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TransAsia pilots retested after crash

February 7, 2015

Pilots for TransAsia Airways who fly the type of plane involved in a fatal crash in Taipei this week have begun proficiency tests. Investigators are looking into pilot error as a possible factor in the crash.

Relatives of the victims pray during a Buddhist ritual near the wreckage of TransAsia Airways plane Flight GE235 after it crash landed into a river, in New Taipei City, February 5, 2015. REUTERS/River Wang
Image: Reuters/R. Wang

TransAsia Airways said on Saturday that it had cancelled 90 flights over the next three days to allow pilots who fly ATR planes to be tested at the order of Taiwan's Civil Aeronautics Administration (CAA).

"Starting today, all of TransAsia's 71 ATR pilots will undergo tests to be carried out by the CAA and third-party professional units for an estimated period of four days," the airline said in a statement.

Pilots who fail the tests will not be allowed to fly again for an indefinite period until they have undergone retraining, the CAA said.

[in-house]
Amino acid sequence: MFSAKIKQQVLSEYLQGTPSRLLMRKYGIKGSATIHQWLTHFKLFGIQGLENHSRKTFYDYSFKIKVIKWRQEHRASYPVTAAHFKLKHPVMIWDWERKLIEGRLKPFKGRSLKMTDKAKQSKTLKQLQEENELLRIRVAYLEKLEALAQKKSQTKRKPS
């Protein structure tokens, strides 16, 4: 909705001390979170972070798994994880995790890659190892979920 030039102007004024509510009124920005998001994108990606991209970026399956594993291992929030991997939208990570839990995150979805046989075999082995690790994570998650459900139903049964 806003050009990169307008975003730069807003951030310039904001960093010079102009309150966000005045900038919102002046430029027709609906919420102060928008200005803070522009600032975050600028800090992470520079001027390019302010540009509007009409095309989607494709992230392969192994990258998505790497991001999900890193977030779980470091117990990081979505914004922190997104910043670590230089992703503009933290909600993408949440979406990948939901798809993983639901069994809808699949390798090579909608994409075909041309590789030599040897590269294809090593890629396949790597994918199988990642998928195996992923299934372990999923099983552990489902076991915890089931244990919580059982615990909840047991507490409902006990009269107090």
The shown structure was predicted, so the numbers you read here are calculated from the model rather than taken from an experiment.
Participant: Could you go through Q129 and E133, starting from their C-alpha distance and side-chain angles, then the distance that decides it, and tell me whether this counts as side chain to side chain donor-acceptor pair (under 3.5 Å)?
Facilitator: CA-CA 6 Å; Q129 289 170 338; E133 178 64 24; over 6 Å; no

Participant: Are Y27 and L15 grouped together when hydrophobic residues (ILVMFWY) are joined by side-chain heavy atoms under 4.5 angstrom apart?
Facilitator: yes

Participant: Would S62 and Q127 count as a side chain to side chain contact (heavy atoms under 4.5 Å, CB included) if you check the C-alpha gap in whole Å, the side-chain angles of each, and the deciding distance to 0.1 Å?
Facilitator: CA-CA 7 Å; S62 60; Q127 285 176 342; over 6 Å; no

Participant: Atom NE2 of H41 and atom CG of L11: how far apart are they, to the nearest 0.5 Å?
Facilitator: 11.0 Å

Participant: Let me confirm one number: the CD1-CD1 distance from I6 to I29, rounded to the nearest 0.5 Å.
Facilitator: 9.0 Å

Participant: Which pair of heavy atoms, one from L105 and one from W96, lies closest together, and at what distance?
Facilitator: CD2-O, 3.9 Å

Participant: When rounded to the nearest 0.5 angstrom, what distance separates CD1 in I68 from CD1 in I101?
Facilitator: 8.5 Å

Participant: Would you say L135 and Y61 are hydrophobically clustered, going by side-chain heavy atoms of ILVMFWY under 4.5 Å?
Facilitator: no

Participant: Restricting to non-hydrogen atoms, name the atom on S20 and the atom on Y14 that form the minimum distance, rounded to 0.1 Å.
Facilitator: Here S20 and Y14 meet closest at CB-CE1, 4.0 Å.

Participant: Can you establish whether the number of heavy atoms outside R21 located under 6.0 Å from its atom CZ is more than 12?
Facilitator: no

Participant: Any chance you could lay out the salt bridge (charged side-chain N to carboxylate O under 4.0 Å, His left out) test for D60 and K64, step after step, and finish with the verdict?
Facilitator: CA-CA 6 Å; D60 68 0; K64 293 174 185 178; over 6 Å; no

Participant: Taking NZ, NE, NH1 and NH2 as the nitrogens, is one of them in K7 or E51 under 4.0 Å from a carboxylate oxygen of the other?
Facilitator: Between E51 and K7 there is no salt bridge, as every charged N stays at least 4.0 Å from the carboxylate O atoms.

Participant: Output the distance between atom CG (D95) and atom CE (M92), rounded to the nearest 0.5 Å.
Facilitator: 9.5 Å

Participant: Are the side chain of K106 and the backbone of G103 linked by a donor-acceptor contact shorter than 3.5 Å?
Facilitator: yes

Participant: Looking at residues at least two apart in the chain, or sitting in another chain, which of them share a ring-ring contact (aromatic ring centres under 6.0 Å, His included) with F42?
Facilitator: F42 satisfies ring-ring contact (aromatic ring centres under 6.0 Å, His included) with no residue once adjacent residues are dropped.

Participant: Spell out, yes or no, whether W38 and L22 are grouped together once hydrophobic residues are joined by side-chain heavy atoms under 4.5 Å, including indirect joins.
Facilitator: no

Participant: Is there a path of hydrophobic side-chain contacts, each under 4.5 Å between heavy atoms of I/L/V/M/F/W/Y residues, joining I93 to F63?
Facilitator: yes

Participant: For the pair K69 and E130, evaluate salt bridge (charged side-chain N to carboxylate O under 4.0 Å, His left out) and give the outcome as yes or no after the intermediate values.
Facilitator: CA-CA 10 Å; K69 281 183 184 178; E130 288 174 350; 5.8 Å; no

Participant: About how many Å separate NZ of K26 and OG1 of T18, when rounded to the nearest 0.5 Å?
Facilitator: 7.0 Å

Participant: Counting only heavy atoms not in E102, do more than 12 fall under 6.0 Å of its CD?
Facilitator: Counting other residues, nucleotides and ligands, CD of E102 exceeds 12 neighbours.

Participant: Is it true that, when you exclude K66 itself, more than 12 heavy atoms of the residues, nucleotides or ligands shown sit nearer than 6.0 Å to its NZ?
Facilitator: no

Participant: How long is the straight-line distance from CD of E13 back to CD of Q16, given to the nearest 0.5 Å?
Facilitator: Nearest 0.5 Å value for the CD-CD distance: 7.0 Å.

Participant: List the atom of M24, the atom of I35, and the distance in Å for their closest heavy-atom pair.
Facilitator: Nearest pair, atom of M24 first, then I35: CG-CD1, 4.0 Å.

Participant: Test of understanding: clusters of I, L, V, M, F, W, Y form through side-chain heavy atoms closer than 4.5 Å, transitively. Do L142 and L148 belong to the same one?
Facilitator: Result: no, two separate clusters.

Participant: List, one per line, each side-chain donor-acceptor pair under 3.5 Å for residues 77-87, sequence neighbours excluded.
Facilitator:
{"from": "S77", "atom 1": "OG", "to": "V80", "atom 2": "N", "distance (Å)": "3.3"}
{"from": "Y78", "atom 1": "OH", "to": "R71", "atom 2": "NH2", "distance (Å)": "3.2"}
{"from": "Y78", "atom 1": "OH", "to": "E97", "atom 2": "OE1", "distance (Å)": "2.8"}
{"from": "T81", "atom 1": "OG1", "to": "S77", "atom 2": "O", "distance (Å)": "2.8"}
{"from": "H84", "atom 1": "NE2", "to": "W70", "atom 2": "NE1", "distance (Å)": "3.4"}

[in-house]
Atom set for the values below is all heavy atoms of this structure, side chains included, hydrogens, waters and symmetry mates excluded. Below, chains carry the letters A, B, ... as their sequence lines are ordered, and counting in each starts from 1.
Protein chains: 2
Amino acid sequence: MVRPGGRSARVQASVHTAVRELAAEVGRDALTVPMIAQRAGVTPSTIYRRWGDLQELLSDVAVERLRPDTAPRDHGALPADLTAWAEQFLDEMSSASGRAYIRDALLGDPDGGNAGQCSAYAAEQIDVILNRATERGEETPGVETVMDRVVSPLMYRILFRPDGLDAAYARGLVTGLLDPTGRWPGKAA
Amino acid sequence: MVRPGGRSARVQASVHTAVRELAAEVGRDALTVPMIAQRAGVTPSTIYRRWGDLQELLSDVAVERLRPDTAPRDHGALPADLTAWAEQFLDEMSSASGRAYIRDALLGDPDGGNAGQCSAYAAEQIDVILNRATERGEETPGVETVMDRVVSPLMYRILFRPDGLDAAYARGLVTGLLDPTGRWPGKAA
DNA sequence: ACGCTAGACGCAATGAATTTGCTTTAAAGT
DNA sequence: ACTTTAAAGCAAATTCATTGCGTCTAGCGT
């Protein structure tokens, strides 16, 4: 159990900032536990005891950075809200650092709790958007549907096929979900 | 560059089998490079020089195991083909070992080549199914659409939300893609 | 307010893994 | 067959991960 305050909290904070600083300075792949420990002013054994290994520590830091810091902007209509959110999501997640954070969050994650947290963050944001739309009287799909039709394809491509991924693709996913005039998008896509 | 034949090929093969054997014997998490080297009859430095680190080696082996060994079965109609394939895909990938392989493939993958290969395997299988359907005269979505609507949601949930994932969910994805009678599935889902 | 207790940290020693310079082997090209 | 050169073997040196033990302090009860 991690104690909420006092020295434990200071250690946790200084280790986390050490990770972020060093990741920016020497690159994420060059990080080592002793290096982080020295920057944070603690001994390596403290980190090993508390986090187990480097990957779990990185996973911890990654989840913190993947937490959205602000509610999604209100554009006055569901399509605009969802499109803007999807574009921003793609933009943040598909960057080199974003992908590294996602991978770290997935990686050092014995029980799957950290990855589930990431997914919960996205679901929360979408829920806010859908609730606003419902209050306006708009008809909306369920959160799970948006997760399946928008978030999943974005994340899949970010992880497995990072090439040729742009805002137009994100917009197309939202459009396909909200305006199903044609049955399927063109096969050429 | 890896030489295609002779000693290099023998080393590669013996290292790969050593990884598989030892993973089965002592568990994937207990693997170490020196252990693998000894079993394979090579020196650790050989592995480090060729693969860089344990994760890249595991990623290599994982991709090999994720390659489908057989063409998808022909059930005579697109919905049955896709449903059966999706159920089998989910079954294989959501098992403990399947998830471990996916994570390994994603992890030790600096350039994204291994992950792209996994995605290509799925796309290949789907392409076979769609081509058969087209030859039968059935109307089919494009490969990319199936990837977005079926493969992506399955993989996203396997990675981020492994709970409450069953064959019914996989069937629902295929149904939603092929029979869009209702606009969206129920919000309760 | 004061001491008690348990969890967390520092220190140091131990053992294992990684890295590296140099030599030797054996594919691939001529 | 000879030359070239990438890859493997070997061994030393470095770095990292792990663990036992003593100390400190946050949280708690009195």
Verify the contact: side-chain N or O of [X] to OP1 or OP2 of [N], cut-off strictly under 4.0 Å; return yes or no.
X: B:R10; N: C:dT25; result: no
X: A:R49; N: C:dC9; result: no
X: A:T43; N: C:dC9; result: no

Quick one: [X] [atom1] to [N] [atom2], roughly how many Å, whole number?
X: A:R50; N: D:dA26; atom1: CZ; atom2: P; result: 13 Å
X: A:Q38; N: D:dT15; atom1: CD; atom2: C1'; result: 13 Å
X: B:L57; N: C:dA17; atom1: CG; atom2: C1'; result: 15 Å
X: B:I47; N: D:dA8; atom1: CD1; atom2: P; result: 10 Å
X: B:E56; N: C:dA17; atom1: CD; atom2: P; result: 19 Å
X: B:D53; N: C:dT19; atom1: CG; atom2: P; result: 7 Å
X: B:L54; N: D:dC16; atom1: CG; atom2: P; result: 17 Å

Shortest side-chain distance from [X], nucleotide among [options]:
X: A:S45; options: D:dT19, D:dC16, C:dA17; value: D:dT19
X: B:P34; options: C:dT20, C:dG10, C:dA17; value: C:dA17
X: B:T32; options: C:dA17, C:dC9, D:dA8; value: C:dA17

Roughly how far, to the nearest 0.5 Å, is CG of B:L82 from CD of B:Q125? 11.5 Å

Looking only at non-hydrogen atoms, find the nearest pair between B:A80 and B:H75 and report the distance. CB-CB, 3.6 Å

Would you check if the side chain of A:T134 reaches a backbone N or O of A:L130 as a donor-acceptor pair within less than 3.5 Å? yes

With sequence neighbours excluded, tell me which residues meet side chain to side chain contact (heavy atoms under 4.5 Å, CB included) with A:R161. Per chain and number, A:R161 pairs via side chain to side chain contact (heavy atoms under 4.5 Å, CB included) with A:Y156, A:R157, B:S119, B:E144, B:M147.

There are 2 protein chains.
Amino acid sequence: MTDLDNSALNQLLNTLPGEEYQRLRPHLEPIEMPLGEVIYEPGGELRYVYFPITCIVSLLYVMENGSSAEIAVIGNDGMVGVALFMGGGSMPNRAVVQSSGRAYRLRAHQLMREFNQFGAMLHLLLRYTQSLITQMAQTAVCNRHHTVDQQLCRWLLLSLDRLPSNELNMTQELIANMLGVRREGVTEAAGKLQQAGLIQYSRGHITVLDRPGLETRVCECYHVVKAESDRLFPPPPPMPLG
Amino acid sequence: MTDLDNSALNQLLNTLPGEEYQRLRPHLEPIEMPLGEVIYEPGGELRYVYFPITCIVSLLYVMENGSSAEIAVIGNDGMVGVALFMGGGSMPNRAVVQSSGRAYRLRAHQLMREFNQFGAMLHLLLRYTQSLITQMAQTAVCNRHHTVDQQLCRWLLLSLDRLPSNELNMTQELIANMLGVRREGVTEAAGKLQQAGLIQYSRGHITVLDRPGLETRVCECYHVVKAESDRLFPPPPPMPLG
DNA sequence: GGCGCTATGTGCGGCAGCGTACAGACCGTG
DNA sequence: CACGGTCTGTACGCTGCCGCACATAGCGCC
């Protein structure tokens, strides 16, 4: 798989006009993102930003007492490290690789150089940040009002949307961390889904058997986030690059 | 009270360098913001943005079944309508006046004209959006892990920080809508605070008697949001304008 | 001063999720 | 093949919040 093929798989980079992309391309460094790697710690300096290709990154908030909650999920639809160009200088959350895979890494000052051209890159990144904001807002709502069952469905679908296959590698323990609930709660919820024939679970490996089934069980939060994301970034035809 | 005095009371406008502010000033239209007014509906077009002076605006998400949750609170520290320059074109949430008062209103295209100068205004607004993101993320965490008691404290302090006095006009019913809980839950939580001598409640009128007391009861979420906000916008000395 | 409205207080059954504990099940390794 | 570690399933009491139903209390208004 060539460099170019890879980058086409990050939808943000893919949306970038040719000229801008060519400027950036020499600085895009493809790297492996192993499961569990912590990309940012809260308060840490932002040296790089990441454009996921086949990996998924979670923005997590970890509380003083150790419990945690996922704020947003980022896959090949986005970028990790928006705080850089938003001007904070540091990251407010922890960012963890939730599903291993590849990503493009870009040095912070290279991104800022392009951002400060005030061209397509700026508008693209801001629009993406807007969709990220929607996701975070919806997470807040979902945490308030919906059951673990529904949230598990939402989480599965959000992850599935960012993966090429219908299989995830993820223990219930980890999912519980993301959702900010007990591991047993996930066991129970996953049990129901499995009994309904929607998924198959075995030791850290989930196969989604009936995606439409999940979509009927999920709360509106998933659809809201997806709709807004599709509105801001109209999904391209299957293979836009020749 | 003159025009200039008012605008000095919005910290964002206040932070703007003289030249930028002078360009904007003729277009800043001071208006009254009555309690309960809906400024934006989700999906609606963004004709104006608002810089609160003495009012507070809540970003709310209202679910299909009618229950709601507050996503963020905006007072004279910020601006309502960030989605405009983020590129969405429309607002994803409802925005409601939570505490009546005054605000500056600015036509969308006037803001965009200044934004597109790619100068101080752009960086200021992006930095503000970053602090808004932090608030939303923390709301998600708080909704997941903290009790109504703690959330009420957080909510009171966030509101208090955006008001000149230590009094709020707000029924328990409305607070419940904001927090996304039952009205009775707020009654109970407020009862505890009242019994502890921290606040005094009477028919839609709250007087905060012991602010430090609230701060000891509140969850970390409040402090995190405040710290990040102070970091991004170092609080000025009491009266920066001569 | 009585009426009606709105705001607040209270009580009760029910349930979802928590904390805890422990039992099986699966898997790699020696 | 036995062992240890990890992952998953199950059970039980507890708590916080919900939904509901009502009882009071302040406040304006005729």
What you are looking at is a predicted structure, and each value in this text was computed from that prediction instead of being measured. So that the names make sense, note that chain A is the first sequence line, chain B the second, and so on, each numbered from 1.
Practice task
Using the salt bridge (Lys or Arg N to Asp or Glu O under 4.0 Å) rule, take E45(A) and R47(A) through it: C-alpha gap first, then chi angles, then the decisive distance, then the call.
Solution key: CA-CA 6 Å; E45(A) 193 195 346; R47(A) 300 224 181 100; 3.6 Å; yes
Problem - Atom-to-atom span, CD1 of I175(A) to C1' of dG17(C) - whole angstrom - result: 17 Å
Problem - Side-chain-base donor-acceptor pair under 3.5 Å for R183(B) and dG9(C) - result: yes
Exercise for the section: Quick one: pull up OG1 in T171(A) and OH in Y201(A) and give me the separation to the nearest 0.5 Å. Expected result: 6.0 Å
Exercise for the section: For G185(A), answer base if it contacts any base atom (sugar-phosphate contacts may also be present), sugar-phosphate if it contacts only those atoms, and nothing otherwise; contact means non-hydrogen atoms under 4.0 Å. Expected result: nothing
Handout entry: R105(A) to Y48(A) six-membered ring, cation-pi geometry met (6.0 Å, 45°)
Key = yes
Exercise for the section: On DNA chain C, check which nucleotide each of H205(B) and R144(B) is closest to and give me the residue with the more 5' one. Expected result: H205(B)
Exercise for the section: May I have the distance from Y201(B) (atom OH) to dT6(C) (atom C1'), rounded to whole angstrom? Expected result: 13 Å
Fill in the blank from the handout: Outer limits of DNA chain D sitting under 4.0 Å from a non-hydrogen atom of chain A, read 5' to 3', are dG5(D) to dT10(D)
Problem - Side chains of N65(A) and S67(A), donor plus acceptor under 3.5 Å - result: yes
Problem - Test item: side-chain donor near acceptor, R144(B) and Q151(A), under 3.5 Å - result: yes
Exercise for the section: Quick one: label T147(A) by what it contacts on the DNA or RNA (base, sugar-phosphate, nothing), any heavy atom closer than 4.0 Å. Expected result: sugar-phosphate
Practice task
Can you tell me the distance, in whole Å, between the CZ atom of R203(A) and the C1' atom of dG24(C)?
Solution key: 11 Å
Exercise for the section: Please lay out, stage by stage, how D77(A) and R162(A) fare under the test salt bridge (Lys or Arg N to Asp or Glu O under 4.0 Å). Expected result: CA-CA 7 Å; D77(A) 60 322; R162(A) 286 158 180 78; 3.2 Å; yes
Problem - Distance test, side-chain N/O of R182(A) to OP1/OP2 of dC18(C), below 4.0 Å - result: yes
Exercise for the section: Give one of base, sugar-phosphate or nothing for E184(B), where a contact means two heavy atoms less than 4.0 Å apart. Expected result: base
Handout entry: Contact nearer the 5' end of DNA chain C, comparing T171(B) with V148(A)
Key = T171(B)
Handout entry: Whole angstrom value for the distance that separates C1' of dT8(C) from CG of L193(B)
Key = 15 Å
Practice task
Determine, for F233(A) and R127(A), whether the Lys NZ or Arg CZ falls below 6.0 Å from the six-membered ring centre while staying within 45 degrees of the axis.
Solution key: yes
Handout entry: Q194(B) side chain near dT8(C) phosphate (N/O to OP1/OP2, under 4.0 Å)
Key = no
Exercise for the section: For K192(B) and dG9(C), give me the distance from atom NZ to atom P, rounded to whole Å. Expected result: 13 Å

Aviation authorities said on Friday that the carrier had failed to meet around a third of the regulatory requirements imposed after another fatal crash in Taiwan's outlying Penghu islands in July.

'Possible error'

The CAA ordered the proficiency testing after it emerged that the pilots of the ATR 72-600 propeller jet that crashed into a river shortly after take-off on Wednesday may have shut off one of the plane's engines for reasons that remain unknown.

Initial reports from the plane's black boxes showed that the left engine was turned off manually by the crew after the right engine "flamed out" some two minutes after take-off, setting off warning signals in the cockpit.

Attempts to restart the engines then appear to have failed, leading to the crash.

Aviation experts say shutting off the running engine could have been a mistake, but the head of Taiwan's Aviation Safety Council, Thomas Wang, said on Saturday that it was too early to come to any conclusion about pilot error.

Previous engine failures

The death toll from Wednesday's crash has meanwhile risen to 39, with four people still missing.

The plane, carrying 53 passengers and five crew, clipped a highway overpass and then crashed into the Keelung River in Taipei some three-and-a-half minutes after taking off from Songshan Airport.

The CAA revealed on Friday that TransAsia Airways' ATR 72 fleet had previously experienced five cases of engine failure in the past five years.

Pratt & Whittney Canada, the engine maker, and the Aviation Safety Council have started examining both of the plane's engines, a process that could take four months, Wang said.

tj/sms (AFP, AP, dpa)